There are certainly other categories of crime that government will prosecute even without the participation of the victim, aren’t there? This seems like a good candidate for inclusion on that list.

Why Women ­in Hollywood Can't Get Film Financing

Want to be angry? Of course you do! Then enjoy reading this article about how women totally can’t be trusted with the vote money to make movies. Here’s a sample to get you psyched for it:

Dori Sperko, who’d been dabbling in Hollywood funding since selling her Florida-based payroll services company several years ago, told the table about three films she’d considered investing in that morning. “I automatically passed on the movie with the woman producer team attached,” she said. “I just feel like you can’t trust women you don’t know, but you can trust a man.” Sperko shrugged and sipped her cocktail. “It is what it is.”

More seriously, while that—along with several other choice bits from the article—is infuriating, some of the female filmmakers Sandler quotes need to grow up. Exhibit A: Jill Soloway, director of Afternoon Delight, about a “bored housewife looking to spice up her sex life”.

“Currently, if the [moviegoing] experience doesn’t make a man feel necessary, then there’s the feeling it’s going to be a boner kill at the box office,” says Soloway, who won the director’s prize at Sundance for Afternoon Delight, a film about, yes, another bored housewife looking to spice up her sex life. To help financiers widen the definition of what might be in their self-interest, she says, “we need to show that women actually want to see movies about unlikable women.”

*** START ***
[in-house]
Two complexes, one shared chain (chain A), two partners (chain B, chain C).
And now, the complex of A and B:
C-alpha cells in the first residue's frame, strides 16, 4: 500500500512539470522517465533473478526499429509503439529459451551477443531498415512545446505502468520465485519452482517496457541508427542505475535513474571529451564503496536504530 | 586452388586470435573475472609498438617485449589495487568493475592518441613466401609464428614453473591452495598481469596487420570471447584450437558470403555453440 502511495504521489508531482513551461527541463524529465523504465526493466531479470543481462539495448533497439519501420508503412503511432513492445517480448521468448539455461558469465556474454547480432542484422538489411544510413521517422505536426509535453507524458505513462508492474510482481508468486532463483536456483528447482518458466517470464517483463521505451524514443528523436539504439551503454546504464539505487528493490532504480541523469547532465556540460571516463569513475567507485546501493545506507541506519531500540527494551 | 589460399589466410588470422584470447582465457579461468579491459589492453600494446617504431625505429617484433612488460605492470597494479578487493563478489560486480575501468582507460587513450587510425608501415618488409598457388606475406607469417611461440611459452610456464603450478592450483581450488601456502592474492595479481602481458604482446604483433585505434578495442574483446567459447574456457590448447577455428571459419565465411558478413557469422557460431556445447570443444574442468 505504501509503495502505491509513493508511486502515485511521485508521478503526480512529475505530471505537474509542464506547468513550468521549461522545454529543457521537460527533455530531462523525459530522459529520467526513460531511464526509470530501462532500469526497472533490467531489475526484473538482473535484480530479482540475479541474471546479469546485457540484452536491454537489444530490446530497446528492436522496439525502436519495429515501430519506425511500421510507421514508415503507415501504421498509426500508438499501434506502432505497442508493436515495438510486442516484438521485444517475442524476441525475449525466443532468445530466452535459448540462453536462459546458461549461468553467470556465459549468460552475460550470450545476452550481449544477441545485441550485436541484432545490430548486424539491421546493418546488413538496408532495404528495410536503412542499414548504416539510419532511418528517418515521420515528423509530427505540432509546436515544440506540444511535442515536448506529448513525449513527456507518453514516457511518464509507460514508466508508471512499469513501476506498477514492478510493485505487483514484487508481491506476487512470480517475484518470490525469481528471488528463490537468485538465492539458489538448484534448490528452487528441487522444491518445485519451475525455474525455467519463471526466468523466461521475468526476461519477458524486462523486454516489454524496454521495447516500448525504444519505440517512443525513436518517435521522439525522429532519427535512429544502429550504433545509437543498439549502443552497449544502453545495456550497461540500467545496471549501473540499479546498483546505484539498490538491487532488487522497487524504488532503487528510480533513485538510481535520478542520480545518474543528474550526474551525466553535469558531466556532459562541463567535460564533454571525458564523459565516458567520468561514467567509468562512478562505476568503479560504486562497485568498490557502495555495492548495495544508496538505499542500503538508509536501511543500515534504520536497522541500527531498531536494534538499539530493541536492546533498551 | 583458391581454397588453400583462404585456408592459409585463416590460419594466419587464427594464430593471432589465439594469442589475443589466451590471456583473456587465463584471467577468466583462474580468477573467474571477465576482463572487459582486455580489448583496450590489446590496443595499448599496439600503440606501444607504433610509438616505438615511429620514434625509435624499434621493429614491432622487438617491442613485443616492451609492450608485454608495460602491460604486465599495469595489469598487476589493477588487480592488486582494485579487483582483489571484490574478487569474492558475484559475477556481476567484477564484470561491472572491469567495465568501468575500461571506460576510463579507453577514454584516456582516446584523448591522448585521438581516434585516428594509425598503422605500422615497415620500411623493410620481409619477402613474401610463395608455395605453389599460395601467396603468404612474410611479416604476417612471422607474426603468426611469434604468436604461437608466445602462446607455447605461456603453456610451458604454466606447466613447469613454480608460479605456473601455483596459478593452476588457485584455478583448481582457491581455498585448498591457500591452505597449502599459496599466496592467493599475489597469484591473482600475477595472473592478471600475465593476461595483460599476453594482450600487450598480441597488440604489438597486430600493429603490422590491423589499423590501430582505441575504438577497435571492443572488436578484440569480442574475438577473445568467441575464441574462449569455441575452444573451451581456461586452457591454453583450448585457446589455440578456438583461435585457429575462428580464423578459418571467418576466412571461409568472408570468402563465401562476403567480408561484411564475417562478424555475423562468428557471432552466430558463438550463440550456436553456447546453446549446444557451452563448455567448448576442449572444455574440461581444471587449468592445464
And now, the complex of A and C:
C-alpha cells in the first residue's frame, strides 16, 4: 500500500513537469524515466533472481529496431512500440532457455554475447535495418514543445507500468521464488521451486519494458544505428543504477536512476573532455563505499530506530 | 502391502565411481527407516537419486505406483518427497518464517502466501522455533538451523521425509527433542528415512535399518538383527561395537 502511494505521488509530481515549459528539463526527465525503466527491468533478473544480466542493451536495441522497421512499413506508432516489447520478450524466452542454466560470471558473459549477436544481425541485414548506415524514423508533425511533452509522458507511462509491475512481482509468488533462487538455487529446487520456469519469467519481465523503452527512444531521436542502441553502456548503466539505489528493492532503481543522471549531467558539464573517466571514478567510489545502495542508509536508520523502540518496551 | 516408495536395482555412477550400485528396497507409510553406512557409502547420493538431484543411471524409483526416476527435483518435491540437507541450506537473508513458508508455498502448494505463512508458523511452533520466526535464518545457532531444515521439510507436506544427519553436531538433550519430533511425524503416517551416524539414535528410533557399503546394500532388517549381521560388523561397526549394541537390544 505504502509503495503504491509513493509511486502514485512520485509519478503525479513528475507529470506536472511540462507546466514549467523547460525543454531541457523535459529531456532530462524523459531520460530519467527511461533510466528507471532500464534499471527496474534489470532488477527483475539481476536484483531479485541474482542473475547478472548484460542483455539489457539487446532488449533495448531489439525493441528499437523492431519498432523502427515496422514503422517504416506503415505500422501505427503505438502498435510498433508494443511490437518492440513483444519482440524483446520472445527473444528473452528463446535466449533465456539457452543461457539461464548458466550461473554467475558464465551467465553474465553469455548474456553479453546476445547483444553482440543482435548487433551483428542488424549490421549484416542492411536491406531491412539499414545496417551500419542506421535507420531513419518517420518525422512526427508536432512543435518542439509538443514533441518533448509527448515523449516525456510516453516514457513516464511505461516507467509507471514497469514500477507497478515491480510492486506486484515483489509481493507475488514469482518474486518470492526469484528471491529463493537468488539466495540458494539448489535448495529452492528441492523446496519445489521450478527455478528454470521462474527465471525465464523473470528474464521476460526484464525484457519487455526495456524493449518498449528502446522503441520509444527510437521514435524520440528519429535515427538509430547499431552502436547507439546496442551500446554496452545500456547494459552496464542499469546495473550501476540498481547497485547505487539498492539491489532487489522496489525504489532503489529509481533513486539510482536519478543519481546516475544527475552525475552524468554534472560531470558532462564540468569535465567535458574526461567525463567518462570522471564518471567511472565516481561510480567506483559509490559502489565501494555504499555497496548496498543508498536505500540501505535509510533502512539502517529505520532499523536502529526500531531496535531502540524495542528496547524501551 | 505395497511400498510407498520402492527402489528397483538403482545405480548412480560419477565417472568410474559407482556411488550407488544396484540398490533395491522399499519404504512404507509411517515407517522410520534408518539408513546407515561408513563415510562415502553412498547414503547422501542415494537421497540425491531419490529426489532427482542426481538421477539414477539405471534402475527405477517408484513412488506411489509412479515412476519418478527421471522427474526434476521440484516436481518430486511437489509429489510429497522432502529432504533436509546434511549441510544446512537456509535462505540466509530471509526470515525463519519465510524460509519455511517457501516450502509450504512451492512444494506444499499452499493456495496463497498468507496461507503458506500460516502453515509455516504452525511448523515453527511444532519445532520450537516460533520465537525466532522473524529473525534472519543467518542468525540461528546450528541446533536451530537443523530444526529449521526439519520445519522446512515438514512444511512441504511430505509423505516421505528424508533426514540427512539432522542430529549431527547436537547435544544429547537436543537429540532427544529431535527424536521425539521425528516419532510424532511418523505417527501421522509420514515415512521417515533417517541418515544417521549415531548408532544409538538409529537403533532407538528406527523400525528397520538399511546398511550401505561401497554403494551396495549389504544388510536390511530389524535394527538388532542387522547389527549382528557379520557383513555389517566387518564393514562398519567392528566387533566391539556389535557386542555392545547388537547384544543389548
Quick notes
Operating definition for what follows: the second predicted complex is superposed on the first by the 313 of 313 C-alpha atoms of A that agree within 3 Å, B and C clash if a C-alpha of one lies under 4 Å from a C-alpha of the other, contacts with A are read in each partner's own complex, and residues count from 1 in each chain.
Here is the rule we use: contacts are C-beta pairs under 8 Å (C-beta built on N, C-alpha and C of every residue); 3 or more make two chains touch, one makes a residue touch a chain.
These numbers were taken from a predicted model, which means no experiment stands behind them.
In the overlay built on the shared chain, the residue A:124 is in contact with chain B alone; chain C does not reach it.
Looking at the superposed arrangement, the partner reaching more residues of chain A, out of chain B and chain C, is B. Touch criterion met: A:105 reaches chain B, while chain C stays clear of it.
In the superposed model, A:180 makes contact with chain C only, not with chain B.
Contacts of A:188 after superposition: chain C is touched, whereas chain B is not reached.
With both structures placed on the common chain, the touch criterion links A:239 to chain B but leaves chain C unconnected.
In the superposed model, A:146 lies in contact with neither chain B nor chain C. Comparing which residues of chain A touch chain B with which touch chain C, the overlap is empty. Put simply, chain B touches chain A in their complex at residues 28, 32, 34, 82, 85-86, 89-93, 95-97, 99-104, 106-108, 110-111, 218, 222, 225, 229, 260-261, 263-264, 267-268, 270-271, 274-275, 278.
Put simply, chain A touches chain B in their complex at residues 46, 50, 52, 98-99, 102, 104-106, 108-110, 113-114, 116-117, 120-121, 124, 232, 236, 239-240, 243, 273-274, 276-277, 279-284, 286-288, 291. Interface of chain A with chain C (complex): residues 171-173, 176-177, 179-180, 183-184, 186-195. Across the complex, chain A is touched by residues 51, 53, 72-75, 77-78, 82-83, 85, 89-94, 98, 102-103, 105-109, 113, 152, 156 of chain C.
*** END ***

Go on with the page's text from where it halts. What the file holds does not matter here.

I’ve got news for you, Jill: you could make that exact same movie with a man in the lead role and still no one would want to see it. The market for indie dramas about bored suburbanites is niche at best, and it’s not just women who hate movies featuring unlikable people. We’re fooling ourselves if we think otherwise.

If directors want big box office results and resultingly bigger budgets for their next projects, they need to make movies with more mainstream appeal. This applies to both men and women.

On flipside of the nonsense coin, we have Christine Vachon, producer of several critically-acclaimed indies (Boys Don’t Cry and Far From Heaven, for example), asserting Hollywood’s level playing field:

She’s not convinced the barriers to female filmmaking exist. She agrees that “good work rises to the top,” and adds: “Listen, I can’t do what I do with a chip on my shoulder.”

I’ll agree about the chip on her shoulder, but Hollywood is not a true meritocracy, and it’s nonsense to suggest that it is. I suspect Vachon’s own success is blinding her to the barriers other women face when attempting to make their own movies.

The film business has a woman problem, no doubt. I just wish Lauren Sandler had put a little more critical analysis into her writing of this article.

Via Women and Hollywood.

♀ I Find Your Lack of Sense Disturbing

 Photograph by  Qsimple  via  Photopin  ( cc )

Photograph by Qsimple via Photopin (cc)

Earlier this month Wired published a piece by Laura Hudson called “Leia Is Not Enough”, on the dearth of notable female characters in the Star Wars saga in particular and movies generally. It’s a great article, and you should go read it right now, but in case you don’t, here’s the crux: